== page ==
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Radovan Karadžić: The Butcher of Bosnia

Does the Incarceration of the genocidal warlord, turned new-age 'spiritual healer' bring real justice?

Rattan Bhorjee

Naked Politics Blogger

20 years ago, the worst scenes of butchery since the Second World War were witnessed in Bosnia and Herzegovina. The breakup of the former state of Yugoslavia led to fighting between ethnic Bosniak Muslims, Croats and Bosnian Serbs. In spite of this simple description, this was a very complex conflict. What was crystal clear though, were the war crimes carried out by each side, most notably the Bosnian-Serb forces who embarked upon a destructive path of genocide, deportations and tyranny. This includes the genocide at Srebrenica where, in a carefully planned operation, Serb forces transported over 8,000 Muslim men and boys from a supposed UN ‘safe zone’ and shot them all before dumping their bodies into mass graves. The 1,425 day siege of the capital Sarajevo which led to the deaths of 10,000 people, over 5,000 of them civilians, and the setting up and placing of Bosniaks and Croats in what can only be described as concentration camps. All carried out by Serb forces and all of which is regarded as ethnic cleansing.

In the eyes of the international community, the person seen as most responsible for these atrocities was the political leader of the Serb Nationalist forces and President of the self-declared Serb Republic (Republika Srpska) in Bosnia: Radovan Karadžić. Often seen on the frontlines, the public figurehead of the Bosnian Serb forces justified his heinous actions in the name of “protecting Serbs” to the world’s media. His denial of committing any wrong-doing continued right up to the dying days of the war where he was forced into hiding after an internationally-sponsored indictment. 13 years later in 2008, after eluding the best efforts of the CIA, SAS and others, Karadžić was finally caught in the Serbian capital, Belgrade, hiding in almost plain sight as a new-age spiritual healer.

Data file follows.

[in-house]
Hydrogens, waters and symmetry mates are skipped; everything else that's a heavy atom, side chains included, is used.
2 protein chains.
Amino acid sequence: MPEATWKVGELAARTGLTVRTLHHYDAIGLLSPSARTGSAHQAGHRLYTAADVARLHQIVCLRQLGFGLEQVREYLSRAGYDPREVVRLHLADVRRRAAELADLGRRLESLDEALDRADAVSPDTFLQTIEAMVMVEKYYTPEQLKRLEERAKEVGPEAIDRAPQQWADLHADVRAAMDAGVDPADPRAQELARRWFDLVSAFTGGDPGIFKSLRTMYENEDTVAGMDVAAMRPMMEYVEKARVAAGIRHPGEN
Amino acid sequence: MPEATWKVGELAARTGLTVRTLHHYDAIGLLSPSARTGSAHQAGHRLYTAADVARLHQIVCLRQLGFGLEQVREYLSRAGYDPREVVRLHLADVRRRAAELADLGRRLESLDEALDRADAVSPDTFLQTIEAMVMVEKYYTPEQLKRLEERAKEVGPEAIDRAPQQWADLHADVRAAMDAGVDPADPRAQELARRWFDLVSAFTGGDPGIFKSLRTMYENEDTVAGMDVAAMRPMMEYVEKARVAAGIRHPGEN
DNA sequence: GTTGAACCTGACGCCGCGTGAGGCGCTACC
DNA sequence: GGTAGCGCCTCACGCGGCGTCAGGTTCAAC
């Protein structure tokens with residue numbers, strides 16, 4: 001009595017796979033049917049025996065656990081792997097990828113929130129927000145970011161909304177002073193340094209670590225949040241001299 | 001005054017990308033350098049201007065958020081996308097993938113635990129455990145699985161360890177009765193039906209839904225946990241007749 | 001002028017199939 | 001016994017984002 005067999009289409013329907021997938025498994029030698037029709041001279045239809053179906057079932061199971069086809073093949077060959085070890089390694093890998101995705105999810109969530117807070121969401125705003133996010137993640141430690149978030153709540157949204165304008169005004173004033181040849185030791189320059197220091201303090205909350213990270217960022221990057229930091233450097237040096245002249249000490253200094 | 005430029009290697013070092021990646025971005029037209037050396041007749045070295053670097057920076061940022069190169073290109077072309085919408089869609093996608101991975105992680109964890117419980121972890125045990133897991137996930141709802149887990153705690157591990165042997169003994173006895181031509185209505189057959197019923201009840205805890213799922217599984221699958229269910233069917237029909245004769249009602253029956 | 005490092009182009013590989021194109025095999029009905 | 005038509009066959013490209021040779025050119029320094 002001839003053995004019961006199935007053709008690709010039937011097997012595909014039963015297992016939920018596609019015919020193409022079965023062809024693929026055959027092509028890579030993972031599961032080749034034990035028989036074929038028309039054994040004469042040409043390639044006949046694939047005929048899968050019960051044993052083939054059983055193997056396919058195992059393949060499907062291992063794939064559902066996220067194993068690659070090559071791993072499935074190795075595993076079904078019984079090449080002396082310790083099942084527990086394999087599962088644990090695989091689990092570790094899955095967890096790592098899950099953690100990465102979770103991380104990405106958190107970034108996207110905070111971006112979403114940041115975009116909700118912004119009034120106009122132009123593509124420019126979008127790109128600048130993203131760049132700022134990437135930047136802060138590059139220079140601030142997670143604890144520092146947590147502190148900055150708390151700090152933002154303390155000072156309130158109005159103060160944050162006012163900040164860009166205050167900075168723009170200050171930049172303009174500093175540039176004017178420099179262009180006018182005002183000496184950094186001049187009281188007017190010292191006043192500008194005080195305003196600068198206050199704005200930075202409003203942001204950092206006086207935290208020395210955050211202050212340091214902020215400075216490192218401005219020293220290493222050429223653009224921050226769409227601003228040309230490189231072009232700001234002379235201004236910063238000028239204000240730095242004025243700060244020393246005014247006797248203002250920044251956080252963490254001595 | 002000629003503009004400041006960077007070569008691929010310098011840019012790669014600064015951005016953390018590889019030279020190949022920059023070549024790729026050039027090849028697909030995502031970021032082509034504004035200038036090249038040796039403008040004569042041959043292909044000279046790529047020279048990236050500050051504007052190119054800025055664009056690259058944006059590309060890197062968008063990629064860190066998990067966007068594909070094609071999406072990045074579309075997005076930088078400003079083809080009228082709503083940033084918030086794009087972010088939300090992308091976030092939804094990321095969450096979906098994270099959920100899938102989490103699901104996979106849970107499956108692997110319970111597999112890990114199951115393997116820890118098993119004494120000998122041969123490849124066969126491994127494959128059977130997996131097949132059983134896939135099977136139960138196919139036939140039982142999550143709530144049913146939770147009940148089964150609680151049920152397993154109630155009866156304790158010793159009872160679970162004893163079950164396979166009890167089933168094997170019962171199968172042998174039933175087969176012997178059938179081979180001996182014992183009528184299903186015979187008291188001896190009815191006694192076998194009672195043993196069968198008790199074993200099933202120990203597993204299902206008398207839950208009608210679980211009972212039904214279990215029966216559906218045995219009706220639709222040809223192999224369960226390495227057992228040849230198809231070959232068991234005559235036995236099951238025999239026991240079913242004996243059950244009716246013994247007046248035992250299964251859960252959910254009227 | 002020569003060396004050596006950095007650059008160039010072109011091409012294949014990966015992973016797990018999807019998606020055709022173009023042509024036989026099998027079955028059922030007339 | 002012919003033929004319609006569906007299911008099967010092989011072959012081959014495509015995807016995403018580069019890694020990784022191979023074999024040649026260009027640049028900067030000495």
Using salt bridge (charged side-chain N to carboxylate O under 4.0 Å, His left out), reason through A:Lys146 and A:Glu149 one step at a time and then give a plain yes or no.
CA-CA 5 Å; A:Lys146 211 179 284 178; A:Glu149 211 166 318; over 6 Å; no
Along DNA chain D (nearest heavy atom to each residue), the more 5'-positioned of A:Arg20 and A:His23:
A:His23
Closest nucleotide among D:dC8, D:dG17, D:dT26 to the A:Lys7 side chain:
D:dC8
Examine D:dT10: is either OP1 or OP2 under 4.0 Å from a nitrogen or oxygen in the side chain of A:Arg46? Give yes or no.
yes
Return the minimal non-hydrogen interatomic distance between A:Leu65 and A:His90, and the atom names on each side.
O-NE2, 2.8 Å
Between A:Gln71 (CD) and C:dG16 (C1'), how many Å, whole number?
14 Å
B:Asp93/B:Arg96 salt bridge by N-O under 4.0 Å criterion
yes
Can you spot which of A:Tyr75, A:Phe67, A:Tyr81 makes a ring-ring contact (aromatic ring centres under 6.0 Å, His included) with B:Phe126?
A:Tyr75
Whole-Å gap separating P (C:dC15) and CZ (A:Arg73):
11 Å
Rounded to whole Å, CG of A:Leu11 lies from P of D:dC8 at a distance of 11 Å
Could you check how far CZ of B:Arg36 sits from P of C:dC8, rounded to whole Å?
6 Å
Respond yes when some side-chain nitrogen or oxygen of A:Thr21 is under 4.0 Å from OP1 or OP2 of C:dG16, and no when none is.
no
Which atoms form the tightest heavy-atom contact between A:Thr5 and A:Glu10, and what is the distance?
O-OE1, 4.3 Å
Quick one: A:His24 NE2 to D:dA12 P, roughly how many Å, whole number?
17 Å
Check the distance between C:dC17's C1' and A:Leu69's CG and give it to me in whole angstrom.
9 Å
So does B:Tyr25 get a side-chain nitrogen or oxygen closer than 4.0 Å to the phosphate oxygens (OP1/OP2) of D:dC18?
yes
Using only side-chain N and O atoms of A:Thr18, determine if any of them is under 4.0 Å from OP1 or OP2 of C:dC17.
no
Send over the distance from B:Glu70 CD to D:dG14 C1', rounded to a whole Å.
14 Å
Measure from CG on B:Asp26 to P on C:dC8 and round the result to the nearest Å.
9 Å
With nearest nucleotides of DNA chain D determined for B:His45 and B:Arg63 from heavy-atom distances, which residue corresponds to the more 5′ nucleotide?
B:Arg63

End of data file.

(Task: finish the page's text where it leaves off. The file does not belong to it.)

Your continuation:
On the 24th March Karadžić was found guilty of 10 out of the 11 charges he faced at the international criminal tribunal for the former Yugoslavia (ICTY), including the genocide at Srebrenica and several other war crimes and crimes against humanity and was sentenced to 40 years imprisonment, something that is surely a life sentence for the 70 year old. But is this enough?

Many survivors of the Bosnian Serb atrocities who have waited 21 years since the indictment to the eventual sentence were dismayed at the fact a formal life sentence wasn’t handed down, or even a death sentence. Particularly so after Karadžić, a man whom they find synonymous with war, death and destruction, has shown so little remorse for his actions and refused to accept that any of his actions were in any way unjust, let alone genocide, and were the faulty of a few rogue individuals. In spite of this, Karadžić has been labelled the “sole person within the Republika Srpska with the power to prevent the killing of the Bosnian Muslim males” according to the presiding Judge, O-Gon Kwok. Radovan stated: “I know what I wanted, what I did, even what I dreamed of, and there is no reasonable court that would convict me”.

However, there are many in Serbia and in the majority ethnic-Serb areas of the Balkans region that laud Karadžić as a national hero. Thousands of ultra-nationalists attending a rally in Belgrade to hear Vojislav Seselj himself indicted for war crimes, condemned the court that found Karadžić guilty on the night after the sentencing. Seselj has even compared the prisons on which Karadžić is being detained in to “Hitler’s Camps”, which has a certain irony coming from a man who aided the largest atrocities on European soil since the Second World War.

What is obvious here then is the deep divisions still prevalent within the region and that the wounds of war are nowhere near close to healing. The ethnic divisions that were enflamed during the Bosnian war are somewhat improving, although the bloodshed of over 100,000 men, women and children still hangs heavy, especially with the families who lost loved ones in such horrific circumstances. This has been directly held responsible for more Muslim men from the region travelling to the Middle East to join jihadist organisations per capita than any other European nation, as a way of revenge to what their people have suffered.

However, the ultranationalist factions only represent the views of a diminishing number of Serbs. The majority are now more concerned with peace, and if leaders like Radovan Karadžić have to be brought to justice then so be it. The sentencing of Karadžić represents a symbolic point for International justice, which is still a relatively new idea. As can be demonstrated from the longevity of the process of capturing and charging Karadžić, it is a long way from perfect. But the hope of it aiding cohesion and unity in the region by putting away such a nefarious individual is still better than nothing at all.

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